HARVEY, La. (AP) — A road rage incident possibly sparked by a driver cutting off another on a nearby bridge spiraled into a shooting that left an ex-NFL player dead, authorities said, amid criticism the shooter was allowed to go free.
Joe McKnight, 28, was shot Thursday afternoon in Terrytown, across the Mississippi River from New Orleans. Authorities identified Ronald Gasser, 54, who stayed at the scene, as the shooter and released him overnight.
At a news conference Friday, Jefferson Parish Sheriff Newell Normand said the altercation started on a nearby bridge and proceeded into the New Orleans suburb.
Witnesses reported hearing rapid gunfire after the two men were in a heated argument. Gasser shot McKnight three times from inside his car while McKnight stood outside. No charges have been filed, and some have criticized the sheriff for releasing Gasser.
Morris Reed Sr., president of the New Orleans branch of the NAACP, was part of a small group of protesters outside the sheriff’s office Friday. He said they would ask the Department of Justice to open an independent investigation into the shooting.
“Until someone is charged with a crime, justice is not served,” he said on local media.
Dozens of people gathered at the scene of the shooting Friday night, holding hands in prayer and lighting candles. One woman held a sign saying “This is murder.”
Normand defended his handling of the case, saying they would investigate thoroughly. Speaking of Gasser’s release, the sheriff said the state has certain “statutes” that provide a defense to certain crimes but did not go into detail.
Normand rejected accounts in local media speculating about the shooting. He said there’s no video of the incident and Gasser did not stand over McKnight, firing. Coroner Gerry Cvitanovich said McKnight’s three wounds were not consistent with being shot from above.
When asked whether the state’s “stand your ground” law will play a role, Normand said: “It is one of the issues that looms on the horizon,” before saying he didn’t want to give an opinion.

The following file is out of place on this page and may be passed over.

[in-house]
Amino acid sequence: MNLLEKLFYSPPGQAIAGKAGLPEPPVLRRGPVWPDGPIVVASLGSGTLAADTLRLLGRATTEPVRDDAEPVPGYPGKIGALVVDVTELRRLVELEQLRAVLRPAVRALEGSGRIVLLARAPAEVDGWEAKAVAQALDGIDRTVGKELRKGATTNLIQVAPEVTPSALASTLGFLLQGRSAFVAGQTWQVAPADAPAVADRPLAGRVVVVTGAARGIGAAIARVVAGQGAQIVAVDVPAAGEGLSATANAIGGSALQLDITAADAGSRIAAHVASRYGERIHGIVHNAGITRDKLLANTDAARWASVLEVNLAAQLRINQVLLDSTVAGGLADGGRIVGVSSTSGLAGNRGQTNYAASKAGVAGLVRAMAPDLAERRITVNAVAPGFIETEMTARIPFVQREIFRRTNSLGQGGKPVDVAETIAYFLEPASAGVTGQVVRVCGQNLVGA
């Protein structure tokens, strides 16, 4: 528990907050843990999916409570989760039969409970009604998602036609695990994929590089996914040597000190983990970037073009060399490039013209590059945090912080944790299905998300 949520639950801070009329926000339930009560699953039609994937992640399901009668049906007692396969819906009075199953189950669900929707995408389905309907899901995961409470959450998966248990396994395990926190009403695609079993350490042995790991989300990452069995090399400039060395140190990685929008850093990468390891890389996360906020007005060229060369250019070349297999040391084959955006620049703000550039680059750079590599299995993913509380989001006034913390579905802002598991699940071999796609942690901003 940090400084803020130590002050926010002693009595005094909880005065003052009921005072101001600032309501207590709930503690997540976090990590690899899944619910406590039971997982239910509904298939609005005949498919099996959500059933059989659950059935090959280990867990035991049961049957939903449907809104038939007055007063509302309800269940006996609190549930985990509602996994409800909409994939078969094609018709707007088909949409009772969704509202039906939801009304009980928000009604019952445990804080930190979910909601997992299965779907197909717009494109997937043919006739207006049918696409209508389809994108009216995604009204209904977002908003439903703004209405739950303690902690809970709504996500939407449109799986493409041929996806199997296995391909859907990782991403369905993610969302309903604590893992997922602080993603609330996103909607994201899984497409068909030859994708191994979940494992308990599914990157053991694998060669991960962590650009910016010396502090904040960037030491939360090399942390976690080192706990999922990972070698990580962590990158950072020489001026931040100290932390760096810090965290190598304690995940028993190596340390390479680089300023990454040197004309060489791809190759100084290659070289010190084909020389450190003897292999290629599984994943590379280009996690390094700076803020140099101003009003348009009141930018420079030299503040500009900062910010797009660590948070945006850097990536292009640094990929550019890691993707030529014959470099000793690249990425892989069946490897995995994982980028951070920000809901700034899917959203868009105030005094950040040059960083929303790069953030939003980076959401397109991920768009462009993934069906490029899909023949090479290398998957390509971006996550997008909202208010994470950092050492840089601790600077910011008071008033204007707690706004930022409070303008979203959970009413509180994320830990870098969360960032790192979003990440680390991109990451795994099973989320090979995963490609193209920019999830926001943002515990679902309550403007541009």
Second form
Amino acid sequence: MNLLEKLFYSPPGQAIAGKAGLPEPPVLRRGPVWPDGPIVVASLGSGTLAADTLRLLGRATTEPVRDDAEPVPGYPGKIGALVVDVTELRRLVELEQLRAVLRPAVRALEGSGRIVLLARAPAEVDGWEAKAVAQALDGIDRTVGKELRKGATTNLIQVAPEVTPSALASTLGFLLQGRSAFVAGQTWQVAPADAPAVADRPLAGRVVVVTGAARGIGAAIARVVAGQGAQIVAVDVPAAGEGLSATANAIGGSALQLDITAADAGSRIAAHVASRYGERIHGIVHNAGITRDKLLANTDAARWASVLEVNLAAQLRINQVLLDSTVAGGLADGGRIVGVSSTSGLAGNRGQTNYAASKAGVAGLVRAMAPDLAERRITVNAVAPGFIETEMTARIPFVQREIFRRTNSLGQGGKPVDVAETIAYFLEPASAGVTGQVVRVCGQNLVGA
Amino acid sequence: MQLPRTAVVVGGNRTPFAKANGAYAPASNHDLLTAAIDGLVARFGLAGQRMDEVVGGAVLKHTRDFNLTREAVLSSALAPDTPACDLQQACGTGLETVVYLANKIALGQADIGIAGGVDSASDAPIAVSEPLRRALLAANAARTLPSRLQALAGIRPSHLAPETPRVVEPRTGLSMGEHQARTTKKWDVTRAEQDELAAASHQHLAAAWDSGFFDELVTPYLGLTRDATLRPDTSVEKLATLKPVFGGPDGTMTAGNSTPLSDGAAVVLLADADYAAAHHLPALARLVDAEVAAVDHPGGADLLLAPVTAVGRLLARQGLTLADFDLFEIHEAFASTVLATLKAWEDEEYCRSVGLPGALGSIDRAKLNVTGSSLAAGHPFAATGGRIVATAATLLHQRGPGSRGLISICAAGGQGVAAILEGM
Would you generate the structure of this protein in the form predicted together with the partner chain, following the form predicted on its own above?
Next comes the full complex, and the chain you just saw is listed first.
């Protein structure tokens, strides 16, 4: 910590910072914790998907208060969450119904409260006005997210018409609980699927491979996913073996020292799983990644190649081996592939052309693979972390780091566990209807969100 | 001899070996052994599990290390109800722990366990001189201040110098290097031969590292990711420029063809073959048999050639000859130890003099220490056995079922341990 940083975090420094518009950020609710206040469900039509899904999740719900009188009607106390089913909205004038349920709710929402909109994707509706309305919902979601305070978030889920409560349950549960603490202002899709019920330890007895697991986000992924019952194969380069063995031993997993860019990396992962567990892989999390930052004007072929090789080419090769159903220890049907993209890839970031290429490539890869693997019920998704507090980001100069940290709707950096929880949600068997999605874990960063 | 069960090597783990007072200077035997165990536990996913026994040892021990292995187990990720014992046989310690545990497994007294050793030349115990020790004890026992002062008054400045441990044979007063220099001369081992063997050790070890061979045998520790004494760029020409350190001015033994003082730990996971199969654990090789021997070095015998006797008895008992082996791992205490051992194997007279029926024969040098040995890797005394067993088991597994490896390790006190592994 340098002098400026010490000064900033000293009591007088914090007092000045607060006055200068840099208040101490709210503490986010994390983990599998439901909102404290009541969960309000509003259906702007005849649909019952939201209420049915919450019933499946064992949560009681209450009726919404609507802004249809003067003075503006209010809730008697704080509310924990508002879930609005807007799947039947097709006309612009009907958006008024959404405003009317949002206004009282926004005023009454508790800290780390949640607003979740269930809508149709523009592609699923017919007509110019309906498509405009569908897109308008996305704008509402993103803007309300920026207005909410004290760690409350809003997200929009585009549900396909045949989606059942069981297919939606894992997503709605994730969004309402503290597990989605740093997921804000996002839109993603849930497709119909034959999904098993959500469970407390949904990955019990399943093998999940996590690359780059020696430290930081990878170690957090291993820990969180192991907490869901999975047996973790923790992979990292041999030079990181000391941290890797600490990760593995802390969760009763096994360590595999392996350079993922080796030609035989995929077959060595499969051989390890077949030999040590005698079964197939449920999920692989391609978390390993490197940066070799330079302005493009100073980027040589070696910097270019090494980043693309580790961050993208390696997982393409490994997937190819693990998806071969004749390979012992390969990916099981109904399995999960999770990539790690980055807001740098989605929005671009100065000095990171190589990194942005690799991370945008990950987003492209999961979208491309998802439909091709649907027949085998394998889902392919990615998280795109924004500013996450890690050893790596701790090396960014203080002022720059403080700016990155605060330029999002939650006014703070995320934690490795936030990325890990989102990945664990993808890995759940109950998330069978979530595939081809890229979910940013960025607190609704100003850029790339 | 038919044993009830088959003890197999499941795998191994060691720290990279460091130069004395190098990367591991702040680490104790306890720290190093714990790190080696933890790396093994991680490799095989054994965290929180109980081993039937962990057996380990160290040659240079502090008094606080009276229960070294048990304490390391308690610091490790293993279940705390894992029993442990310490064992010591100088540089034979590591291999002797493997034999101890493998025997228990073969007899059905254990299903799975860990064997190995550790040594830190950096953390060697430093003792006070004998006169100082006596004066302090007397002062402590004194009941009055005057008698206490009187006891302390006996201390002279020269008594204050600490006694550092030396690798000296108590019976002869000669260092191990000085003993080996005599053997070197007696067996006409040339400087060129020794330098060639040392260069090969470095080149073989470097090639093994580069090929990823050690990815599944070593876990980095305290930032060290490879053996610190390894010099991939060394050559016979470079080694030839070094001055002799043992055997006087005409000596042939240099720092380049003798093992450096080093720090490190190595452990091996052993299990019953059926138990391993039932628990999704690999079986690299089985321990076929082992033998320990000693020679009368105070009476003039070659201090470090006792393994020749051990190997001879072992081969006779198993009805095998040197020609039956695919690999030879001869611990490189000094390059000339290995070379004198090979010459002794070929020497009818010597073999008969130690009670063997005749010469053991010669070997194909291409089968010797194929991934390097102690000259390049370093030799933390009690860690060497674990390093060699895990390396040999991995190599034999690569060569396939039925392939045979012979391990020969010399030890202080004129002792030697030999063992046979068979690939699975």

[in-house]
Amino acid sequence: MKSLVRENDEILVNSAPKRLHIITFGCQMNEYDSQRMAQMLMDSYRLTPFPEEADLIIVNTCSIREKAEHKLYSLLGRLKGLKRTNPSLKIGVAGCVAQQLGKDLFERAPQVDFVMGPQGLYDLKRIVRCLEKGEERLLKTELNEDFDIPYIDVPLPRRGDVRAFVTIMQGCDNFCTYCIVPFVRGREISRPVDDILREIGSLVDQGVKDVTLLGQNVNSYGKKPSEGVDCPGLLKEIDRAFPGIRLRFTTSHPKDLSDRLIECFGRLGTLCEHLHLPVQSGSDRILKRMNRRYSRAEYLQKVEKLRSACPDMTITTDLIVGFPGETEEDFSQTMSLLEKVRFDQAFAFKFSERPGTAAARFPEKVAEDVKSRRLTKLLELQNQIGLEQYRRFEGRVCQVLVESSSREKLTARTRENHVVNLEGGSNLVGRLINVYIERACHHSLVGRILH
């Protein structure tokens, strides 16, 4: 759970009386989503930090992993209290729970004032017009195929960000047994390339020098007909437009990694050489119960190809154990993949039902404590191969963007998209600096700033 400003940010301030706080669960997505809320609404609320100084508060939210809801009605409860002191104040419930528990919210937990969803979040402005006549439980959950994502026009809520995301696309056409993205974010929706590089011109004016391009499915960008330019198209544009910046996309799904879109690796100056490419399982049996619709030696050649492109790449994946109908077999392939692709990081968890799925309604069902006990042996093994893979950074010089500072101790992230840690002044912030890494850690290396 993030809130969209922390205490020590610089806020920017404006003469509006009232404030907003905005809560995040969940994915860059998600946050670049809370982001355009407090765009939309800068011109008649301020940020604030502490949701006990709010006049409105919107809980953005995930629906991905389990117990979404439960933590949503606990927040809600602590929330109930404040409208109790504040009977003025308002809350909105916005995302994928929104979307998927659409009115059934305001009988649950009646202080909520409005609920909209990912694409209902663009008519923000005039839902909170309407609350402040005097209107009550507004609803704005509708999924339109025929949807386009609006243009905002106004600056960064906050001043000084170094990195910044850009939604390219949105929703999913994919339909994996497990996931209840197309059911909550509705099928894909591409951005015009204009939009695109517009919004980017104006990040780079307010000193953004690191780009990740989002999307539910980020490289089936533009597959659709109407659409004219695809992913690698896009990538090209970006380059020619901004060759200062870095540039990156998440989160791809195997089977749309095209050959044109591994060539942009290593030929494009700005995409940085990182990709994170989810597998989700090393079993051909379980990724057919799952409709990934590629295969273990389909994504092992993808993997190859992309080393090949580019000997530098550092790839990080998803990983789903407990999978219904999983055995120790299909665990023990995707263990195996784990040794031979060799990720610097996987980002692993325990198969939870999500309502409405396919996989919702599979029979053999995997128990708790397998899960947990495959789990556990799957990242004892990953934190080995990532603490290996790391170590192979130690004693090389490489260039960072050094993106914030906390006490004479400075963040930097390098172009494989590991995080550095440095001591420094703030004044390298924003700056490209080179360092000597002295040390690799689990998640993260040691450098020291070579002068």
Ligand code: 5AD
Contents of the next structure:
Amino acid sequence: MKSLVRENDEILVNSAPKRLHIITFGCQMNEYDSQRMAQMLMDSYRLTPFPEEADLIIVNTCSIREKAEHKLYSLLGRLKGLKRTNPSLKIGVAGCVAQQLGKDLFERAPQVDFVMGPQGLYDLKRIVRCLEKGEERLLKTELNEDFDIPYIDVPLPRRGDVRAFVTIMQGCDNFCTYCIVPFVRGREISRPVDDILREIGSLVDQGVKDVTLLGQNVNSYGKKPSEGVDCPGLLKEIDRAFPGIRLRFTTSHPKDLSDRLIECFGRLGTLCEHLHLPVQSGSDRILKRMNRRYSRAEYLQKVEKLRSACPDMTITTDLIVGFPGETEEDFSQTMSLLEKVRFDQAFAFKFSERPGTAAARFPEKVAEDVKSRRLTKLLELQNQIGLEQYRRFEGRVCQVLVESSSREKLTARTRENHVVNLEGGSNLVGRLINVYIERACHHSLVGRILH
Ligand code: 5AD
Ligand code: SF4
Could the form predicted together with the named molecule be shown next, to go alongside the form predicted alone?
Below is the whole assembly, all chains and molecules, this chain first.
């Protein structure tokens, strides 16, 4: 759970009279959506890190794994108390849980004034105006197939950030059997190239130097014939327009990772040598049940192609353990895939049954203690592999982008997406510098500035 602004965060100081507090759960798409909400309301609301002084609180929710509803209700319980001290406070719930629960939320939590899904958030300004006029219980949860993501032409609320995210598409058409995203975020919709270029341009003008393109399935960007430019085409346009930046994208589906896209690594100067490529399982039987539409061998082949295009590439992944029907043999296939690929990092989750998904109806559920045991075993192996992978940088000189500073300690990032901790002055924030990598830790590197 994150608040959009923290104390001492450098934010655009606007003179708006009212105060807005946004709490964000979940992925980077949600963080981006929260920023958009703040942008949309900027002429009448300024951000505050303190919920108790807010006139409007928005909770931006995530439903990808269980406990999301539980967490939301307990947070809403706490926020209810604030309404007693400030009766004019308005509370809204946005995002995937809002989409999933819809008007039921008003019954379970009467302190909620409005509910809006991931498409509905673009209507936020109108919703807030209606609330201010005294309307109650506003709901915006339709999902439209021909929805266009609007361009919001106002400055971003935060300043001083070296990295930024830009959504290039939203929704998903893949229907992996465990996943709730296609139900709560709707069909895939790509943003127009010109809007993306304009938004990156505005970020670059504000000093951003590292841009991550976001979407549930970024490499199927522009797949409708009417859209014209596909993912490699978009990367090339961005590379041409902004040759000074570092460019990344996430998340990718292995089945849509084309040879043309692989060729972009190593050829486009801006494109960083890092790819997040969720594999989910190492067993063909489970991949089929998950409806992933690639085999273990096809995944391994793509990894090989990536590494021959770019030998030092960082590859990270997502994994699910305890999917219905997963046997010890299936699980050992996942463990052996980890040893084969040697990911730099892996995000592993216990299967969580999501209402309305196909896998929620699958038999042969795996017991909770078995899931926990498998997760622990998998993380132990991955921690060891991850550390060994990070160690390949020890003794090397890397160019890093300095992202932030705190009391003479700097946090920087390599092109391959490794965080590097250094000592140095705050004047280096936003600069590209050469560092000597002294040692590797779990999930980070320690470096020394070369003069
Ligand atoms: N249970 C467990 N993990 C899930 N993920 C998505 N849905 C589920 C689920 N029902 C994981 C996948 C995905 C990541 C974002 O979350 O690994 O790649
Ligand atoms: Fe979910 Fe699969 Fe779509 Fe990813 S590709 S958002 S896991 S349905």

“Stand your ground” laws give people wide latitude to use deadly force when they believe they are in danger. Dane Ciolino, a Loyola University law professor in New Orleans, says under such laws people “engaged in lawful activity in a place where they have a lawful right to be, don’t have to retreat.”
He said it “… boils down to whether the killing is necessary for this man to save his life.”
Authorities have said McKnight didn’t have a weapon on or near him when found.
But news that Gasser has been involved in a similar altercation — at the same intersection — with a driver a decade ago will likely raise further questions about who was the aggressor.
Normand said in a press release late Friday that in February 2006, a man observed a truck driving erratically and called a number on the truck, speaking to a man later identified as Gasser.
Gasser and the man got into a fight on the phone and then Gasser followed the man to a service station, confronted him and hit him several times. Gasser drove away and the victim called 911.
Investigators found Gasser and issued a misdemeanor summons for simple battery, which was later dismissed. Authorities said they are trying to determine why it was dismissed.
McKnight’s grandmother, Barbara Franklin, said relatives are “trying to find out our own selves” just what happened and why Gasser was released.
“He might be released now, but God is going to bring about justice in it,” she said by phone.
McKnight’s death was eerily similar to that of former New Orleans Saints player Will Smith who was killed last April in a shooting sparked by a traffic altercation.
The man accused of shooting Smith goes on trial Monday in New Orleans. The discrepancy in how the two shooters were treated stood out for Kawanee Holmes, of Gretna, Louisiana who came to the intersection where McKnight was shot to leave balloons and flowers with a friend.
“It wasn’t justified what he did. He could have defused the situation by driving away,” Holmes said.
McKnight is black and Gasser is white, authorities said. Normand denied race played a role, pointing out that the man who raised McKnight used to be a sheriff’s deputy and many people in the department are close to his family.
McKnight played three seasons for the New York Jets and one with the Kansas City Chiefs. He spent this season in the Canadian Football League. He was considered the nation’s No. 1 running back recruit when he came out of Louisiana in 2006 and signed with the University of Southern California.
Former teammates in New York remembered McKnight fondly.
“I enjoyed the time when he was here and getting to know him as a person. I think it’s going to hurt his son the most and that’s what is really bothering me — knowing that a kid will have to grow up without his dad,” said Muhammad Wilkerson.
The Jets plan a moment of silence before Monday’s game to honor McKnight.
Seattle Seahawks coach Pete Carroll coached McKnight at USC and said he had talked with McKnight just three weeks ago in California.
“He had a great heart, he was a great kid, he was fun to be around, fun loving but you just knew he had a lot of stuff to overcome and he was making it,” Carroll said. “We’re going to miss him greatly,” Carroll said.
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